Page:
Veterans who serve their country are at risk for many possible injuries. Thirty percent of veterans who served in Iraq and Afghanistan are said to have suffered some form of injury. These include injuries both physical as well as psychological. In battle, they could lose an appendage or develop post-traumatic stress disorder. Some veterans even suffer brain damage. All of these take their toll in a significant way.

Losing an appendage could mean losing mobility, which could impact future employment as well as recreational activities. Suffering a brain injury can limit cognitive abilities. Living with PTSD can develop a myriad of conditions that affect the emotional stability of the victim. It is sad when any of these occur. It is more so saddening when it happens to a mother or a father.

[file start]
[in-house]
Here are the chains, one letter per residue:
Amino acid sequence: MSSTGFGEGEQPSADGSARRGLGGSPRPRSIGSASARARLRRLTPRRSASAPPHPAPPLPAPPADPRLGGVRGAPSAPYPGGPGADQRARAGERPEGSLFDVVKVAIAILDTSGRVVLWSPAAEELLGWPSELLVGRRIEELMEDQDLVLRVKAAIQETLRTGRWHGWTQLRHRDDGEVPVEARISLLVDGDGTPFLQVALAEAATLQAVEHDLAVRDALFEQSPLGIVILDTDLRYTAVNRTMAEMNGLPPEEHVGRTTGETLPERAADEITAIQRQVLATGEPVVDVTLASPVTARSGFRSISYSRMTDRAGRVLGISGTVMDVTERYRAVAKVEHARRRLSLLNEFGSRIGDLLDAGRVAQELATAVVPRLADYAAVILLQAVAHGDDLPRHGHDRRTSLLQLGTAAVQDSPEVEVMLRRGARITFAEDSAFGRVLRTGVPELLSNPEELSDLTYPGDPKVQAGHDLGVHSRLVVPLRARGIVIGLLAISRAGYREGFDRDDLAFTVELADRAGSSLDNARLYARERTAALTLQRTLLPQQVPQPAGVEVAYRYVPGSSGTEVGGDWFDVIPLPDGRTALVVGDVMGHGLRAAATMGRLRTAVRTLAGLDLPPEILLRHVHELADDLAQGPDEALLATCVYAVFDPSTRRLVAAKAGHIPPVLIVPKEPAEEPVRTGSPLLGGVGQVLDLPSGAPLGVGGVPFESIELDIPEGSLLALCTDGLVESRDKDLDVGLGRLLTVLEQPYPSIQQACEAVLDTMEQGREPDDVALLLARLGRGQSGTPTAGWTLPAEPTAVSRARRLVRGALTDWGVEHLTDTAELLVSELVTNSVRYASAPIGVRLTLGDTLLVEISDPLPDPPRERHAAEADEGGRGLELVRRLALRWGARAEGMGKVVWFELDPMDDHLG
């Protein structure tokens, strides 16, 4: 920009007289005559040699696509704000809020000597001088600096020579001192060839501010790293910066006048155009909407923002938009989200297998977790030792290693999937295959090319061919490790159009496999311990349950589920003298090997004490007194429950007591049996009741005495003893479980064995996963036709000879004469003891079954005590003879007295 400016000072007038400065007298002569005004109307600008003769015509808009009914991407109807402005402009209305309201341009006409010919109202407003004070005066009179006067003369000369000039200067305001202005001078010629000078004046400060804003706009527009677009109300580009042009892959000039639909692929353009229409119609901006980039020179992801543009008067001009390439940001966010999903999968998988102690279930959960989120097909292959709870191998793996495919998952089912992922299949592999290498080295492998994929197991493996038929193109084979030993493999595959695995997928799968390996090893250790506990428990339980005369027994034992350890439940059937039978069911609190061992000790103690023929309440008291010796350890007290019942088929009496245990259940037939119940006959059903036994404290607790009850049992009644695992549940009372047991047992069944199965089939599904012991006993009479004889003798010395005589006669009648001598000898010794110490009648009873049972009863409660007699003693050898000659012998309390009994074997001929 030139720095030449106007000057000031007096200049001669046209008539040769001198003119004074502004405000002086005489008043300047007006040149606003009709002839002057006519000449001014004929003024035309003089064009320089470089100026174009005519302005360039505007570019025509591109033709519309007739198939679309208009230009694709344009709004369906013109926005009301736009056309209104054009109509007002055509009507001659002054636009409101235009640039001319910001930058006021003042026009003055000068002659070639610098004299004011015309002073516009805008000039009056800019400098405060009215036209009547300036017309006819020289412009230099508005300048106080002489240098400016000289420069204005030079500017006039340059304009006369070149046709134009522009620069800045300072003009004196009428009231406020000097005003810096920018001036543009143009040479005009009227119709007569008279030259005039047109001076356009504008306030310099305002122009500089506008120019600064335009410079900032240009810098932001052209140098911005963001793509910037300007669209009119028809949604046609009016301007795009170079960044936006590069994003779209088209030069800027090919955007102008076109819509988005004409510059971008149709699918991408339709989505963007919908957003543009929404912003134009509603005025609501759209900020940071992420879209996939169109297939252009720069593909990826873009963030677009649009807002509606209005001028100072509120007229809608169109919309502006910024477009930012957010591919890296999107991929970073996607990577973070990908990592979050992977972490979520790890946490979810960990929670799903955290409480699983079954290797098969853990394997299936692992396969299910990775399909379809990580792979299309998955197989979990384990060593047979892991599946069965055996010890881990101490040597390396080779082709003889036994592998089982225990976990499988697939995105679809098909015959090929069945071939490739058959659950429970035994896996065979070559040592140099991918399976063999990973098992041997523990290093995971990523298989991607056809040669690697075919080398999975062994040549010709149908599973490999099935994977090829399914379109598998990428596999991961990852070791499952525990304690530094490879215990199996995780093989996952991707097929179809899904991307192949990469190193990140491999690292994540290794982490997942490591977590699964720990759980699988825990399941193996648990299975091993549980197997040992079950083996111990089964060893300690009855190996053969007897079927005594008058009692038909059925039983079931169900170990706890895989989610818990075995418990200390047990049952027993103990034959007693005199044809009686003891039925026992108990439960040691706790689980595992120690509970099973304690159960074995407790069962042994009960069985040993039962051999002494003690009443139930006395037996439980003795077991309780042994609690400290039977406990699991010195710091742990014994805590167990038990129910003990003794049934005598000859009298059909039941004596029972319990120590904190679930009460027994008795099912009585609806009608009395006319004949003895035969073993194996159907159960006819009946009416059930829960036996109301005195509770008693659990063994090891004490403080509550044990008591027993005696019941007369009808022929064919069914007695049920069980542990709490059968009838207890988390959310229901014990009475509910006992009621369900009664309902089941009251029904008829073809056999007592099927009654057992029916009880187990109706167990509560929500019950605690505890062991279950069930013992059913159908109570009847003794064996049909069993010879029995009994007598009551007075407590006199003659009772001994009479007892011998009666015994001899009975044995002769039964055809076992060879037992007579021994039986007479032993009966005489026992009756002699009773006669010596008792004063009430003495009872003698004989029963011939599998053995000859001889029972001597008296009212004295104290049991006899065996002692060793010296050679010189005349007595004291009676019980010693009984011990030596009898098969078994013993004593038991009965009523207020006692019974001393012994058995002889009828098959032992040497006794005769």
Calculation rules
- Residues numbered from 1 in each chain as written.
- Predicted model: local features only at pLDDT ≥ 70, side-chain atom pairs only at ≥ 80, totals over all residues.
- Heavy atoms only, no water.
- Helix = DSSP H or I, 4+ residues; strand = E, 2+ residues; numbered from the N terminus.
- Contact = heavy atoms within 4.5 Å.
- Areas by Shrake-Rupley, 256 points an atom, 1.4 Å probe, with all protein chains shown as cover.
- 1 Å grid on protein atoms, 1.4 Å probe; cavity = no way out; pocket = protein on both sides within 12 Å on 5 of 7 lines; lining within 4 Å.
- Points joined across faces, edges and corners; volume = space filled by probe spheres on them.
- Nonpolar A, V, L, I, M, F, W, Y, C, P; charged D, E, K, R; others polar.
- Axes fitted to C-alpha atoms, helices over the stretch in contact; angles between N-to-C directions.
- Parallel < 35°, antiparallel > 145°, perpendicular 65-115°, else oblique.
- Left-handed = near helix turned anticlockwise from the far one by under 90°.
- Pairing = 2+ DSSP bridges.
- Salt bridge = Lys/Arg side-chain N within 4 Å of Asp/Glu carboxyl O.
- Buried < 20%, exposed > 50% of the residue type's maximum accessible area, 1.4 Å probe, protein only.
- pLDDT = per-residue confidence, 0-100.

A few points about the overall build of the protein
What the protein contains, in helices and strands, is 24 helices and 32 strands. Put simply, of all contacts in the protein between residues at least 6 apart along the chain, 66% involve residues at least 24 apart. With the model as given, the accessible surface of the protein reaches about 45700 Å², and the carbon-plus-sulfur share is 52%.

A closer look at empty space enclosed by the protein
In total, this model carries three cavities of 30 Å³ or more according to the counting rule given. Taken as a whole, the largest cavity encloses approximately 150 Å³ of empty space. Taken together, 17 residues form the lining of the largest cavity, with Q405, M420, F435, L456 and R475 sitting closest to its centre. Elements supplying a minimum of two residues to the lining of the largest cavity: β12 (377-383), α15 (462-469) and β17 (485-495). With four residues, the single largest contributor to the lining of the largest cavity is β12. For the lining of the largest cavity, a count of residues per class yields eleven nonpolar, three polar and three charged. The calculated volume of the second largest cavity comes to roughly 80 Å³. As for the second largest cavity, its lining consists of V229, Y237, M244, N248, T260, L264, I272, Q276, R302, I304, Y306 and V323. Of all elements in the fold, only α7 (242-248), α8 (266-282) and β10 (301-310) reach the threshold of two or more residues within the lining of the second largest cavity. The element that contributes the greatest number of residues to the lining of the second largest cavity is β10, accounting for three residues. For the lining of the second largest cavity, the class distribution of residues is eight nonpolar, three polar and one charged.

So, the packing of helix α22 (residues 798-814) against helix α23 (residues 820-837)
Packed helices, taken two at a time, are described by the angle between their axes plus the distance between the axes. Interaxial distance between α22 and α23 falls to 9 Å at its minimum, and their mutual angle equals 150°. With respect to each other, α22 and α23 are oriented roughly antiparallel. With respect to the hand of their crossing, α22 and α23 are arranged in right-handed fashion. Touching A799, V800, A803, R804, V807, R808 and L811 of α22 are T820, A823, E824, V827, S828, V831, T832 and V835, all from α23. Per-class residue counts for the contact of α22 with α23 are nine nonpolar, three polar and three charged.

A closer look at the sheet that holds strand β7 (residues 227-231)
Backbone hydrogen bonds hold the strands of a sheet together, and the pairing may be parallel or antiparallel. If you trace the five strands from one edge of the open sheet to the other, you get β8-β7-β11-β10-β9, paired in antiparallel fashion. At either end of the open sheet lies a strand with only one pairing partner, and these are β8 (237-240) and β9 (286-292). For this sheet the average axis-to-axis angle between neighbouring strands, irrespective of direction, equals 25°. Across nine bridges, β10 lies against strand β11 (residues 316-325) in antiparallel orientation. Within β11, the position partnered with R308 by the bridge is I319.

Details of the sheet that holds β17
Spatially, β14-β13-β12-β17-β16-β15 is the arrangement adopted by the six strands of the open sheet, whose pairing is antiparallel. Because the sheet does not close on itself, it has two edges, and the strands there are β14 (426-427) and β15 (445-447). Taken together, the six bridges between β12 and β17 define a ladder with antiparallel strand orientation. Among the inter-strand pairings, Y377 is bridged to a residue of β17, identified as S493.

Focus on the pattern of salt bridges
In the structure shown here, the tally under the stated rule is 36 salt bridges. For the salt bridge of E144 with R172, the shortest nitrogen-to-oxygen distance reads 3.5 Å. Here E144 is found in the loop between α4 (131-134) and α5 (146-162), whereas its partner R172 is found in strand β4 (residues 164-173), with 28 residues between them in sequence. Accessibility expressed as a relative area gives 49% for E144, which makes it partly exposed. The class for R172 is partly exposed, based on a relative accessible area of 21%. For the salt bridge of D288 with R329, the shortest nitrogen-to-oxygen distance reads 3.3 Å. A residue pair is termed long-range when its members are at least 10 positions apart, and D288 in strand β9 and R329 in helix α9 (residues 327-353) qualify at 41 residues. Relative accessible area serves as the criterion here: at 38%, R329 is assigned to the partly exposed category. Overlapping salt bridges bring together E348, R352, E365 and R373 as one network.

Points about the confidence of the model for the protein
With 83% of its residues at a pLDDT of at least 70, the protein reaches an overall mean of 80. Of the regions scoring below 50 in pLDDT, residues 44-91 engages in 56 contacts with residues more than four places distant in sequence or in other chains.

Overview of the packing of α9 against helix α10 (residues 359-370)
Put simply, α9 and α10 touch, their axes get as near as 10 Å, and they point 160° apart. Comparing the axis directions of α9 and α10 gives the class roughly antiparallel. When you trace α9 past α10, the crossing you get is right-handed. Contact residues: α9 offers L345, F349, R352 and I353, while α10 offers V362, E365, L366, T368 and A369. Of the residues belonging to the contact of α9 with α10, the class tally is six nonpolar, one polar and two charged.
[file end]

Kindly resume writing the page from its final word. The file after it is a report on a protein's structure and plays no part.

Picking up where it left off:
Children of injured veterans are significantly impacted by their parent’s return. Their once upbeat and capable parent may become dependent. This could force the child to grow up at an earlier rate than their peers. More responsibility could be placed upon them to help their parent live their daily life.

What’s more, when a parent suffers an emotional disorder from combat, the child is forced to deal with the emotional instability. This can lead to them suffering silently. Children with parents who are injured vet can themselves develop anger issues or anxiety. This loss of childhood can negatively impact their self-esteem.

It is important for us to take care of our veterans but more importantly we keep an eye on their children. Through various organizations, such as the Veteran’s Families United Foundation, it is possible to help these families recover from their injuries. Do your part, if you know children of wounded vets, consider taking on a mentorship role.

Be good to each other,